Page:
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  • Provenance

    Private Collection, New York

  • Exhibited

    New York, New Museum; New York, The Museum of Contemporary Hispanic Art; New York, The Studio Museum, The Decade Show: Frameworks of Identity in the 1980s, May 12 – August 19, 1990 p. 83 (illustrated, plate LXVI)

  • Catalogue Essay

    Betye Saar
    Born 1926, Los Angeles

    1949 BA University of California, Los Angeles
    1958-62 Graduate Studies at California State University, Long Beach; University of Southern California; and California State University, Northridge

    Selected museum exhibitions:
    Craft Contemporary, Los Angeles (2017); Fondazione Prada (2016); Scottsdale Museum of Contemporary Art (2016); California African American Museum, Los Angeles (2011); Crocker Museum of Art, California (2006); Detroit Institute of Arts (1998); Museum of Contemporary Art, Los Angeles (1990); The Studio Museum in Harlem, New York (1980); San Francisco Museum of Modern Art (1977); Whitney Museum of American Art (1975); California State University, Los Angeles (1973)
    Selected honors: MacDowell Medal for Lifetime Achievement in the Arts (2014); Distinguished Women in the Arts Award, Museum of Contemporary Art, Los Angeles (2013); Anonymous Was A Woman Award (2012); Lifetime Achievement Award, Visual Art, California African American Museum (2011); Alain Locke Award, Detroit Institute of Arts (2005); John Simon Guggenheim Memorial Foundation Fellowship (1991)
    Selected public collections: Berkeley Art Museum, University of California; Detroit Institute of the Arts; Hirshhorn Museum and Sculpture Garden, Washington; Los Angeles County Museum of Art; Museum of Contemporary Art, Los Angeles; Museum of Modern Art; National Gallery of American Art, Washington; Philadelphia Museum of Art; The Studio Museum in Harlem, New York; Whitney Museum of American Art

    Betye Saar emerged a key figure in the Black Arts and feminist movements of the 1960s and 1970s. Saar’s distinct vision harmonizes the personal, political, and magical in her assemblages. She was inspired by artists including Joseph Cornell and Noah Purifoy, founding director of the Watts Tower Cultural Center. According to Saar: “I think of my process as a personal ritual: the first part would be finding the materials, the hunting and gathering. I go to thrift and antique stores or estate sales, looking for things and picking objects that have a sense of history or a story to tell. Then I move into the second part of the ritual, which is combining the pieces and manipulating their surfaces so they can tell another story–and let the piece create itself.”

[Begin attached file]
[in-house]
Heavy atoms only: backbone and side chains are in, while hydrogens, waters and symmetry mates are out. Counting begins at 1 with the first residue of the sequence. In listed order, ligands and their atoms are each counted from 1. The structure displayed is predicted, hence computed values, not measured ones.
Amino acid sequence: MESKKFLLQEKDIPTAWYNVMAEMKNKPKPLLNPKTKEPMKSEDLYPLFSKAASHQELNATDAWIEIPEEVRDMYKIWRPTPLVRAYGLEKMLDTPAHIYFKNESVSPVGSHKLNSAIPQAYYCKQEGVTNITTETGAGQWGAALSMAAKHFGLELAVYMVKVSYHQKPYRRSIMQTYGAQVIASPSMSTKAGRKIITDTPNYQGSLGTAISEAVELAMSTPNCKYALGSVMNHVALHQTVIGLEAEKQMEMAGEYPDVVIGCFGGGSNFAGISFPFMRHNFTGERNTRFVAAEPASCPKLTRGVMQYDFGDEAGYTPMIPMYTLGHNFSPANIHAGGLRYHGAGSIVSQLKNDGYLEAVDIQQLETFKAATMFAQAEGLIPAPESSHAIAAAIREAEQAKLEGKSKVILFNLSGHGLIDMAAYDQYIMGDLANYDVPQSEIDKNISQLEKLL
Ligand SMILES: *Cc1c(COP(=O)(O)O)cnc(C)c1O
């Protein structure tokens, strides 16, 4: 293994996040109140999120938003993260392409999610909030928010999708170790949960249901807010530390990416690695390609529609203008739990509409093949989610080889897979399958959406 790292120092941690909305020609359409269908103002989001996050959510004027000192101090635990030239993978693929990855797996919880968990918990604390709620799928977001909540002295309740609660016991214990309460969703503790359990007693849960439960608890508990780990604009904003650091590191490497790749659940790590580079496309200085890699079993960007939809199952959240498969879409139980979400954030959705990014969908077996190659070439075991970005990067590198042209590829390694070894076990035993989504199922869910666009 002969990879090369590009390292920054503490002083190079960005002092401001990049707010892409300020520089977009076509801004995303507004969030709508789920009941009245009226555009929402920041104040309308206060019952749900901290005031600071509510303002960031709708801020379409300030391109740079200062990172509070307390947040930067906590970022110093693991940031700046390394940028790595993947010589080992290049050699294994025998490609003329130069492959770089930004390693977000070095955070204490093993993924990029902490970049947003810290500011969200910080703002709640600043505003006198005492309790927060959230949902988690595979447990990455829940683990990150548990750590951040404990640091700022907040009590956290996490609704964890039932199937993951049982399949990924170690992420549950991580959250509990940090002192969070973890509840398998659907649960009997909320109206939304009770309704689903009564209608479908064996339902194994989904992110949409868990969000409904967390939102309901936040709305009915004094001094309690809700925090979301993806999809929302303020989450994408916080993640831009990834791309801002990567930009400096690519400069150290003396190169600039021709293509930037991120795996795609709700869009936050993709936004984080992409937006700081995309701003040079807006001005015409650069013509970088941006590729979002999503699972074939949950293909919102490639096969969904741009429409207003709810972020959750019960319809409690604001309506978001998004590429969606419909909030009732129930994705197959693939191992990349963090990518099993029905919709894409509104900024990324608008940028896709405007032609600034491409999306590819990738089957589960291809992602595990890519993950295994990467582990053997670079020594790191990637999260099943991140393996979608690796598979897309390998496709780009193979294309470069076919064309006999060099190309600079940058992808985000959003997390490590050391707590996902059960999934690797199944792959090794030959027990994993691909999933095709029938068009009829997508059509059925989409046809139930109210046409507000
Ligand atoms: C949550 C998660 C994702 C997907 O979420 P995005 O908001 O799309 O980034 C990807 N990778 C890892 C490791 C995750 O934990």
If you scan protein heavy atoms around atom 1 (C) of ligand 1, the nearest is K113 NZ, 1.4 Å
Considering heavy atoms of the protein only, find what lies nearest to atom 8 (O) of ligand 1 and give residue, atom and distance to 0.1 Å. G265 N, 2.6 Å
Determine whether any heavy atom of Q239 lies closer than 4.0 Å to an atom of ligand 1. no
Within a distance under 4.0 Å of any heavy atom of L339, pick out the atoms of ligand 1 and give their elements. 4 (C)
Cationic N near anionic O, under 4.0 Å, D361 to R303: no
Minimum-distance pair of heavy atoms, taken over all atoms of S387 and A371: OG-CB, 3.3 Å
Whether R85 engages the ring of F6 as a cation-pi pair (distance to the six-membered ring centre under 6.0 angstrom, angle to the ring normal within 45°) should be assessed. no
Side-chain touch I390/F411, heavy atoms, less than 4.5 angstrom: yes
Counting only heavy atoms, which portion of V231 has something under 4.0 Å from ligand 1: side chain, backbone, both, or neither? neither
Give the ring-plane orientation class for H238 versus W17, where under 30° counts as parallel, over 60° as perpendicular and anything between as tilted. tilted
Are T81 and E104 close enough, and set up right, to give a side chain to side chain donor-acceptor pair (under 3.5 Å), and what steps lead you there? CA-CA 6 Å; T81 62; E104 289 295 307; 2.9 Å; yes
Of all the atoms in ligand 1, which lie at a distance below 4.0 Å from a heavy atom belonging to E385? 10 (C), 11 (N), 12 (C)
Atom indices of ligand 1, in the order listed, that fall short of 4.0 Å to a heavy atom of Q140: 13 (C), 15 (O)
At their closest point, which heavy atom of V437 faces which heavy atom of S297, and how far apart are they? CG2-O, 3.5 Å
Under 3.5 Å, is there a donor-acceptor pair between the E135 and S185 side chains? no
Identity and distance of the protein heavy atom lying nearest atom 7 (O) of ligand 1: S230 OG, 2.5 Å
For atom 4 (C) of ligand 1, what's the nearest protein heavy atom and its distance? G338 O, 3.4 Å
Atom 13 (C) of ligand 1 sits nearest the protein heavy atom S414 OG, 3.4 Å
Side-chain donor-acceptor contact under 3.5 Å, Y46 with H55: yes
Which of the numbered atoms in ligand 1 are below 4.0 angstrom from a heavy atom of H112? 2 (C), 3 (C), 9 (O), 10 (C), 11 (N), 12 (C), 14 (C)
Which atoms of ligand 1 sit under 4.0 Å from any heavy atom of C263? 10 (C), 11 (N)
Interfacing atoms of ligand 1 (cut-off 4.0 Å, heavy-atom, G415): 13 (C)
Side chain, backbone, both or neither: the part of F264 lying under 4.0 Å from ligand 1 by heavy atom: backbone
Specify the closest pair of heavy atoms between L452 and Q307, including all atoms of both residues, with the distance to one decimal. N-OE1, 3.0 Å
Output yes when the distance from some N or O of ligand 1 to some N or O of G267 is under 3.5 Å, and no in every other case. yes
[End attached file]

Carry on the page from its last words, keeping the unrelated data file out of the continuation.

• Artist Biography

    Betye Saar

    American • 1926

    Betye Saar’s work coalesces the “personal” with the “political”, utilizing the intimacy of nostalgia and assemblage to address social inequalities and cultural issues. An instrumental participant in many 20th century artistic moments – including the Black Arts Movement of the 1970s and feminist art – Saar began creating politically-charged collages and assemblages after the assassination of Martin Luther King Jr. in 1968. Since then, her art has tackled the realities of racism and sexism and has been a mode of processing outrage. 

    Her technique of salvaging objects at yard and estate sales and transmuting them into three-dimensional contained spaces was influenced by the small-scale intimate box works of Joseph Cornell, an exhibition of which Saar visited at the Pasadena Art Museum in 1967. Cornell’s impact on Saar’s oeuvre is particularly conspicuous in Domestic Life, 2007, which is composed of miniature figures confined by a bird-cage; however, while her predecessor experimented with the fantastical world of Surrealism, Saar’s assemblage addressed the current reality of oppressed identities. “Cages were about incarceration,” she asserted. “Racism is a cage that still prevails.” The exaggerated features of the trapped figures evoke racist stereotypes and depictions of African Americans and their captivity might allude to Paul Laurence Dunbar’s poem Sympathy, in which a caged bird symbolizes a chained slave. The metal structure of Domestic Life may also reference one of Saar’s favorite architectural sculptures, the Watts Towers – the landmark of a working class African-American neighborhood famous for the 1965 Watts riots.

    To Saar, the artist is an active resuscitator as opposed to simply a passive recorder of death. “I work with dead objects, with things that people have thrown away: old photographs, and so on,” Saar has said. “But my work is at the crossroads between death and rebirth. Discarded materials have been recycled, so they’re born anew, because the artist has the power to do that.”

    View More Works


Other Houses, Other Lives

signed and dated “Betye Saar 82” lower side panel
assemblage and mixed media
18 1/4 x 11 1/4 x 2 1/2 in. (46.4 x 28.6 x 6.4 cm.)
Executed 1982.

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NOMEN: American Women Artists from 1945 to Today

New York Selling Exhibition 19 June - 3 August 2019